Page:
Animalia > Arthropoda > Insecta > Lepidoptera > Papilionoidea > Nymphalidae > Nymphalis > Nymphalis antiopa
 

Nymphalis antiopa (camberwell beauty; Mourning Cloak)

Synonyms:

Wikipedia Abstract

Nymphalis antiopa, known as the mourning cloak in North America and the Camberwell beauty in Britain, is a large butterfly native to Eurasia and North America. The immature form of this species is sometimes known as the spiny elm caterpillar. Other older names for this species include grand surprise and white petticoat. A powerful flier, this species is sometimes found in areas far from its usual range during migration. These butterflies have a life-span of 11 to 12 months, one of the most extensive life-spans for any butterfly. It is also the State Insect of Montana, adopted in 2001.
View Wikipedia Record: Nymphalis antiopa

Infraspecies

Attributes

Wing Span [1]  2.441 inches (.062 m)

Protected Areas

Ecosystems

Emblem of

Montana

Prey / Diet

Prey / Diet Overlap

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Predators

Providers

Consumers

Distribution

External References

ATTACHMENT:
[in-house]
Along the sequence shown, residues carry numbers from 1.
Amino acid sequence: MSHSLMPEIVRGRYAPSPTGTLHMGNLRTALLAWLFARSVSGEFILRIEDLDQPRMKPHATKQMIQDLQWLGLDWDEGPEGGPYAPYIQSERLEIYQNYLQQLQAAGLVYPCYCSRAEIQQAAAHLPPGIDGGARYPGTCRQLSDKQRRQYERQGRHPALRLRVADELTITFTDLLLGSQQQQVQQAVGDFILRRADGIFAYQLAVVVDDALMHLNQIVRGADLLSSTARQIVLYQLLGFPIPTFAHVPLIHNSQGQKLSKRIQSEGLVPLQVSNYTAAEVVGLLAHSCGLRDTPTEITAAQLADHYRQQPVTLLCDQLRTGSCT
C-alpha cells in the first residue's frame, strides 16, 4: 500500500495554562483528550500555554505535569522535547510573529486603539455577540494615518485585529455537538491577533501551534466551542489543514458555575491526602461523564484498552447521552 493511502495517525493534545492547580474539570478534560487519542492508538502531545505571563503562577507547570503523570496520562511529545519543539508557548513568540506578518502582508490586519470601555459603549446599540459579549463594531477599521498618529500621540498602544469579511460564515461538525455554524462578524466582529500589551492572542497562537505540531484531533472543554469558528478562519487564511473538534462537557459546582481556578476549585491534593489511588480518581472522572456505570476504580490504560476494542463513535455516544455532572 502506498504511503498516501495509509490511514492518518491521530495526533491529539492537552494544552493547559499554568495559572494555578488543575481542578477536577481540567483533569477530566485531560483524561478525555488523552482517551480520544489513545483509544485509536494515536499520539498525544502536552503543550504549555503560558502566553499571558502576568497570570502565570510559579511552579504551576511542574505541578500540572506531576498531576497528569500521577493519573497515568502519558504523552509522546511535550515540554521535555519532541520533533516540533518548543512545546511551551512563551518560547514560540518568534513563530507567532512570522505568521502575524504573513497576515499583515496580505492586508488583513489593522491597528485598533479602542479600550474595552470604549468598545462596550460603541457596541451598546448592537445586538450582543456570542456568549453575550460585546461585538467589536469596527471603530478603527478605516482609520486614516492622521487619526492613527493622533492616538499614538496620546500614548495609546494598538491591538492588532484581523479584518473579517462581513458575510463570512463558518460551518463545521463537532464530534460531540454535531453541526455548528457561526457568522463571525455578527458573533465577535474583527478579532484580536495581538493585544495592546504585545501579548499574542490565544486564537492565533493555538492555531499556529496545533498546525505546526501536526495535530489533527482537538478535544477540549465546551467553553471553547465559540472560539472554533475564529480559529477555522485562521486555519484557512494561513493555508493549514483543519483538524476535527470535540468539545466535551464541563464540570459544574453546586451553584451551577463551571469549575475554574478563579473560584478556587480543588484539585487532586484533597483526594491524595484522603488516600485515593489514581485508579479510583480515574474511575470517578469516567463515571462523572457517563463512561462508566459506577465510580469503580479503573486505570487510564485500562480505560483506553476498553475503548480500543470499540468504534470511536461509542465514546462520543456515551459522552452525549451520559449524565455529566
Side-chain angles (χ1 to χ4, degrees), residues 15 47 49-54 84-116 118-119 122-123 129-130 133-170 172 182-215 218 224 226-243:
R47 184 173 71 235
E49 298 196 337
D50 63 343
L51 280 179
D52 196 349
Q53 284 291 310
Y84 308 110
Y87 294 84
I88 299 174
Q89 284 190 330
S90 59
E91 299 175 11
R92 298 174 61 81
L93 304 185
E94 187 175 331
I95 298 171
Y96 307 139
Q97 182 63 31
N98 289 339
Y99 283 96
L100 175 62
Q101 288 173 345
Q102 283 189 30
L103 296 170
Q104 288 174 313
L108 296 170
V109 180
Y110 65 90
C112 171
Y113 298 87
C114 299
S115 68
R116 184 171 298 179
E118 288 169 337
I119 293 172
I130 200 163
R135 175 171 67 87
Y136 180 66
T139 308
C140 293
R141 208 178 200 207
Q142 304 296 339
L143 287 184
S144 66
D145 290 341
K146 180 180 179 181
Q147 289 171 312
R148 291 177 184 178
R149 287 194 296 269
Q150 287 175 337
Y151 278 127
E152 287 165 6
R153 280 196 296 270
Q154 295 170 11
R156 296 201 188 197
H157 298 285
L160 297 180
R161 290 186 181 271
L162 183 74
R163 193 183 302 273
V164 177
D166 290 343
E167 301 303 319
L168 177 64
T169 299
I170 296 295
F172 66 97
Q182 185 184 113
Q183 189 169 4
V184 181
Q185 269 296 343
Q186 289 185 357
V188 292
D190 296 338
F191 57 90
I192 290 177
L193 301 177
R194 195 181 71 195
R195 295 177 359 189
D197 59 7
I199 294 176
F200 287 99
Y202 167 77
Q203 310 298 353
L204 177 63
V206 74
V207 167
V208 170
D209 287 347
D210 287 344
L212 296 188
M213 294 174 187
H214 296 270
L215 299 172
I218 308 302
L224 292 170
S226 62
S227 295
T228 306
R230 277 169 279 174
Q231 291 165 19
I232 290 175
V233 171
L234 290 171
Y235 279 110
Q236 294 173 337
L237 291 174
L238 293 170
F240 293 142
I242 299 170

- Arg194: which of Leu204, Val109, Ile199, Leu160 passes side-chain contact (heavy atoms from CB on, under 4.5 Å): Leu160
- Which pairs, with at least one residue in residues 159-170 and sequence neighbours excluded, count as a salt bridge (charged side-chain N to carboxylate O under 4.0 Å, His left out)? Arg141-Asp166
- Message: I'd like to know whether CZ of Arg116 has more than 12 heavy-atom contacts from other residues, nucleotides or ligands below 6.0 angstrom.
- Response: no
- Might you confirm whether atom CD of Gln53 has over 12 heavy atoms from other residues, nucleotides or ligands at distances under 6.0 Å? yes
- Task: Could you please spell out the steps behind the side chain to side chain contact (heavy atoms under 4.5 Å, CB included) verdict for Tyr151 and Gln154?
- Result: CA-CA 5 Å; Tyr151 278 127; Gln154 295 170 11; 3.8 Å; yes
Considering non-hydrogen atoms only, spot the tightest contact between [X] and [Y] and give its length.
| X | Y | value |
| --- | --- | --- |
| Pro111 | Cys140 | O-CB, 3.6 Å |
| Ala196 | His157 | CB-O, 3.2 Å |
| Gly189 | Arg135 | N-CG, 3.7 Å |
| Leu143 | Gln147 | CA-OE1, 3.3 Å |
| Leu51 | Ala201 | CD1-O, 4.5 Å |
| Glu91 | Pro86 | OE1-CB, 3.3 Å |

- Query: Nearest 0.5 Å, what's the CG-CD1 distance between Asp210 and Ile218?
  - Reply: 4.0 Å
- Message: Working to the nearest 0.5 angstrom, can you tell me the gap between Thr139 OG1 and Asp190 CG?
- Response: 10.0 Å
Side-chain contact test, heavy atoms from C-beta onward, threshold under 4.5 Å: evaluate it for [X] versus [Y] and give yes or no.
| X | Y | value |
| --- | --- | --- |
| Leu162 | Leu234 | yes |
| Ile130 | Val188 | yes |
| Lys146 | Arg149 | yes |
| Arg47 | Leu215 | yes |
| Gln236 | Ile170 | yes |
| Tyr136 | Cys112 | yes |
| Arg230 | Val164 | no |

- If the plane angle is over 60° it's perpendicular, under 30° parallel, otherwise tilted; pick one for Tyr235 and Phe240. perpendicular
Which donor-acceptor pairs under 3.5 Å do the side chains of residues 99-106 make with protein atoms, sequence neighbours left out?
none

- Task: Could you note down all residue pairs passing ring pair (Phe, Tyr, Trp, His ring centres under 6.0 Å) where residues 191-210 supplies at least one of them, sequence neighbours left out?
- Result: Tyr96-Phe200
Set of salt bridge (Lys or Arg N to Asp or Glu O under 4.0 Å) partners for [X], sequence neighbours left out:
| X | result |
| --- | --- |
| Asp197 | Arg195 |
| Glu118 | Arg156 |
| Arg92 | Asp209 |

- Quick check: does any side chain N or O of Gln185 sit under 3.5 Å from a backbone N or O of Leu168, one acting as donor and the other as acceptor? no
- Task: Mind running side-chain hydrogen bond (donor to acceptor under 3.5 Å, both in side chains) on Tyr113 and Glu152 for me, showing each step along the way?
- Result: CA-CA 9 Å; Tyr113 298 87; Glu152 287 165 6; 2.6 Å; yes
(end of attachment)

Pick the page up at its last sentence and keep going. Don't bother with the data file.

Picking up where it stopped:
Photos

Citations

Attributes / relations provided by
1Butterflies of Canada, Canadian Biodiversity Information Facility
2Study of Northern Virginia Ecology
3HOSTS - a Database of the World's Lepidopteran Hostplants Gaden S. Robinson, Phillip R. Ackery, Ian J. Kitching, George W. Beccaloni AND Luis M. Hernández
4Jorrit H. Poelen, James D. Simons and Chris J. Mungall. (2014). Global Biotic Interactions: An open infrastructure to share and analyze species-interaction datasets. Ecological Informatics.
5Biological Records Centre Database of Insects and their Food Plants
6Predator-Prey Database for the family Asilidae (Hexapoda: Diptera) Prepared by Dr. Robert Lavigne, Professor Emeritus, University of Wyoming, USA and Dr. Jason Londt (Natal Museum, Pietermaritzburg)
Protected Areas provided by Natura 2000, UK data: © Crown copyright and database right [2010] All rights reserved. Ordnance Survey Licence number 100017955
GBIF Global Biodiversity Information Facility
Badlands National Park
Calvin College Ecosystem Preserve
Carlsbad Caverns National Park
Western Michigan University’s Asylum Lake
Abstract provided by DBpedia licensed under a Creative Commons License